Last November I was complaining that life is a rough draft. If I visualize what I want to happen first, it’s not a rough draft. The visualization is the rough draft.

 

Friday, February 20, 1981

Yesterday a conversation with Posie and John led me indirectly to Angela the whale girl and her father Arthur. The idea of smoking shake, supposedly weaker marijuana, appealed to me, so how did I get that stoned? I don’t understand their way of life. Being stoned all the time just fuddles me, and I have no reason to want to be fuddled. So let’s let them all trip without me.

That’s a whole range of people, from Tom the computer salesman who gave Posie, John, and me a ride to Hana, to Arthur the record-setting mushroom tripper. I think of the extremes, it was easier for me to relate to the computer salesman. After watching Arthur I think I know why he and Angela’s mom broke up. He orders Angela around relentlessly and wants to his consciousness chemically scrambled all the time. Wives don’t put up with much of that.

 

I’m on the Waimoko Falls trail, at the first big pool above the bridge. The sun is shining, the sky is clearing. The water reflects the rocks and jungle trees. I like the way the reflection looks like a silk tapestry, woven so only the weft shows. The reflection looks more beautiful than what is reflected. Monet explored that world.

The rain did raise the stream some. It’s crackling over the gravel above Makahuku Falls.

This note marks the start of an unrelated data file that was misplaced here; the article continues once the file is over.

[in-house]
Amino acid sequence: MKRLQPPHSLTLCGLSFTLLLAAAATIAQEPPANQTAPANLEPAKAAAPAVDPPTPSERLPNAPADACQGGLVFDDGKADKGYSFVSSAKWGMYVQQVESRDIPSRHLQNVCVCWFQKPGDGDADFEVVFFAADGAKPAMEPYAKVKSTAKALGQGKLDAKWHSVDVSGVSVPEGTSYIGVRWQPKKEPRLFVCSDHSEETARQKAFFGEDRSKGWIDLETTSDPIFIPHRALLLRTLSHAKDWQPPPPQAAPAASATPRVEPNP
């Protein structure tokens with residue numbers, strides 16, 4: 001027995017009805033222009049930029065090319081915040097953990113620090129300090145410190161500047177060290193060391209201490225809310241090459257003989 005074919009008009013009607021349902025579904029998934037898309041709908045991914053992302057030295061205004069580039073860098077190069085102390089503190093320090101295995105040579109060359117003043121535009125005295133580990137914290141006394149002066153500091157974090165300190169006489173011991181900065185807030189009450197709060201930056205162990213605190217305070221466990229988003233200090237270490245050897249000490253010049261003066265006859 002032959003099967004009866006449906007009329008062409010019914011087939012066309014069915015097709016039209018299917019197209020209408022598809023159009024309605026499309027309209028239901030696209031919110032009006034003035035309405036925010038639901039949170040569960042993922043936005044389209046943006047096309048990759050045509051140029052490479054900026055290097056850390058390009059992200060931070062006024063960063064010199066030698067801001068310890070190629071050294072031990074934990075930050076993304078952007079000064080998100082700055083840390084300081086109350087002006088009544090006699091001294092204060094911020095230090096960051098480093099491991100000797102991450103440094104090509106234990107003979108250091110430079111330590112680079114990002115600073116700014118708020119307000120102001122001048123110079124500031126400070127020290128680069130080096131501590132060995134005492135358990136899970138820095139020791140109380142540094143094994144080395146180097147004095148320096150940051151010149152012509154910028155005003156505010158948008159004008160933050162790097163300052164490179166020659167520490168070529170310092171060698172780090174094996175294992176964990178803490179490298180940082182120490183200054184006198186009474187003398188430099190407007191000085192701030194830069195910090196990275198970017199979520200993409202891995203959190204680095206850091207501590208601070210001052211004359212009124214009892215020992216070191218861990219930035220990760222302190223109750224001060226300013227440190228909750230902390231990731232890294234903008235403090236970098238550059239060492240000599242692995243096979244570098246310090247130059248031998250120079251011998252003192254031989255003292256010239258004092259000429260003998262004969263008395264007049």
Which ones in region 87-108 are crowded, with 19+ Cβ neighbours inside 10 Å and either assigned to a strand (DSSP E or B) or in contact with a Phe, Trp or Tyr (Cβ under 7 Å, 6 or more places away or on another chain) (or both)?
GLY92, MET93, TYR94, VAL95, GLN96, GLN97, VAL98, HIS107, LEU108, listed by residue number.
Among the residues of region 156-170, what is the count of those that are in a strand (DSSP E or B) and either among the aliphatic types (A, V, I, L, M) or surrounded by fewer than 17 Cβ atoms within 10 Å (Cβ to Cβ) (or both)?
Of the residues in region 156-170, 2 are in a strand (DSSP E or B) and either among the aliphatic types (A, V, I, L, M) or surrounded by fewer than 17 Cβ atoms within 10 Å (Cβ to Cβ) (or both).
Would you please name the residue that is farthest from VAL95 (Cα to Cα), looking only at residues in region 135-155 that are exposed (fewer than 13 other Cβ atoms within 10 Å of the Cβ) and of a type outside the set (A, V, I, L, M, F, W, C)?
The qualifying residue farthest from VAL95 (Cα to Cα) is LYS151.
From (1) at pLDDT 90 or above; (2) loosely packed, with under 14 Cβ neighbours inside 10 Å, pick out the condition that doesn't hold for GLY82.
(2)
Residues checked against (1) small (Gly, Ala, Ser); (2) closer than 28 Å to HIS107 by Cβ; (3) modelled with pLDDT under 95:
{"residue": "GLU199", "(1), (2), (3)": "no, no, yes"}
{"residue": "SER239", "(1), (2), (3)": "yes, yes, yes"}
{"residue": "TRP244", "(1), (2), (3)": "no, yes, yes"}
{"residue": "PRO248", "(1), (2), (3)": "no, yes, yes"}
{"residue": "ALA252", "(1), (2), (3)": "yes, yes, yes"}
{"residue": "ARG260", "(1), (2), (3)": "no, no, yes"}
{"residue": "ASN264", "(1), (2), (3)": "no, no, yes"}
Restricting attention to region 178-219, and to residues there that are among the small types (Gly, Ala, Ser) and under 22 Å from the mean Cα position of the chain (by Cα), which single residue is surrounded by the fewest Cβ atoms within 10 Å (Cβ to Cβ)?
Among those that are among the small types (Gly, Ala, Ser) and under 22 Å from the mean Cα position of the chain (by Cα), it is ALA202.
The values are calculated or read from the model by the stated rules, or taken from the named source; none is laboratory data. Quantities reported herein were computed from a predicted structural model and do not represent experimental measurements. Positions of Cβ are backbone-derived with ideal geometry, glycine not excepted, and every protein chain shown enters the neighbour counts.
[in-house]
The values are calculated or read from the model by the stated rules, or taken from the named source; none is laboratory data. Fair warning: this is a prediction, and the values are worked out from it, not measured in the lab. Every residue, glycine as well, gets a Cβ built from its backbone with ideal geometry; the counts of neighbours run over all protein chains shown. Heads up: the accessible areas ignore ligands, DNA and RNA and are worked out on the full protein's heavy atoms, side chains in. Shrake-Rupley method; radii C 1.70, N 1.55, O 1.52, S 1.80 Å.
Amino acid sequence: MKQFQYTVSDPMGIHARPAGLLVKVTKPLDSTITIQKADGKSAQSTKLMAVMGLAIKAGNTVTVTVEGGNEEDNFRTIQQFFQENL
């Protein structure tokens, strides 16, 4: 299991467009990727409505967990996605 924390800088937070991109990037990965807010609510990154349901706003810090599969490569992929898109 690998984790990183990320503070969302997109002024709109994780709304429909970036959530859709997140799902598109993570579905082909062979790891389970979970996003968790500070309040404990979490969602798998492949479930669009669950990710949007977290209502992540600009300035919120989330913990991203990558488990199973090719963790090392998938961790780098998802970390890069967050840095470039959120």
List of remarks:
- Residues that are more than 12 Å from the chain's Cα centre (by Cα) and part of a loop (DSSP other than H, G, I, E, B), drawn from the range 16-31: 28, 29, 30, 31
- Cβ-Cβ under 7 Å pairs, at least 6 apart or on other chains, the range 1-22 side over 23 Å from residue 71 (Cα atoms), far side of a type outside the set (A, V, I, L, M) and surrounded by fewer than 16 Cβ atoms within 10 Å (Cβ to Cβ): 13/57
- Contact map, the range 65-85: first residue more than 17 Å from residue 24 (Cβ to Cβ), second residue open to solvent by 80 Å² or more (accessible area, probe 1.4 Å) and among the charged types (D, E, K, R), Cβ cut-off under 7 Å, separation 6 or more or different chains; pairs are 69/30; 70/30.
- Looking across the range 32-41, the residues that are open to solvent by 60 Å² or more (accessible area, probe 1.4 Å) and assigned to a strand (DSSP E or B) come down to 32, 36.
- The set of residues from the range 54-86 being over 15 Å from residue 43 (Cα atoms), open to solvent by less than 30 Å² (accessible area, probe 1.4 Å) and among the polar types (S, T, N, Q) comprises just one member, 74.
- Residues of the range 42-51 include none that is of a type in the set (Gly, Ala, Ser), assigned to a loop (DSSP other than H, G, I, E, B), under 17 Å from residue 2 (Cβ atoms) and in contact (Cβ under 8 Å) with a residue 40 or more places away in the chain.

Tolkien says Men listen to streams and don’t know why they like the sound. Elves know it’s the closest sound to the music of the Ainur that created the world.

 

I’m not sure what’s happening here. Some Maui ants are swarming beside an obscure Oheo River pool, falling into the water like lemmings into the sea. They can’t walk on water; they get stuck. Sometimes they stick together in rafts of thrashing ants several inches in diameter. Now the faintest breeze is blowing them across the pond. What are they doing? They’re not moving their home; they carry no eggs or cocoons. How could they possibly be foraging? Now there’s a long streak of ants across the pond. There must be millions of ants here, thousands stuck on the water and dying.

 

Here I am at the convergence pool, which looks quite murky today. Well, so was the pool where the ants committed mass lemming. Both waterfalls are bigger and rougher than when I drew them, but especially Pipiwei. Maybe I should go up and see what Waimoko Falls looks like. Funny, but Palikea Stream looks clean and Pipiwei is muddy.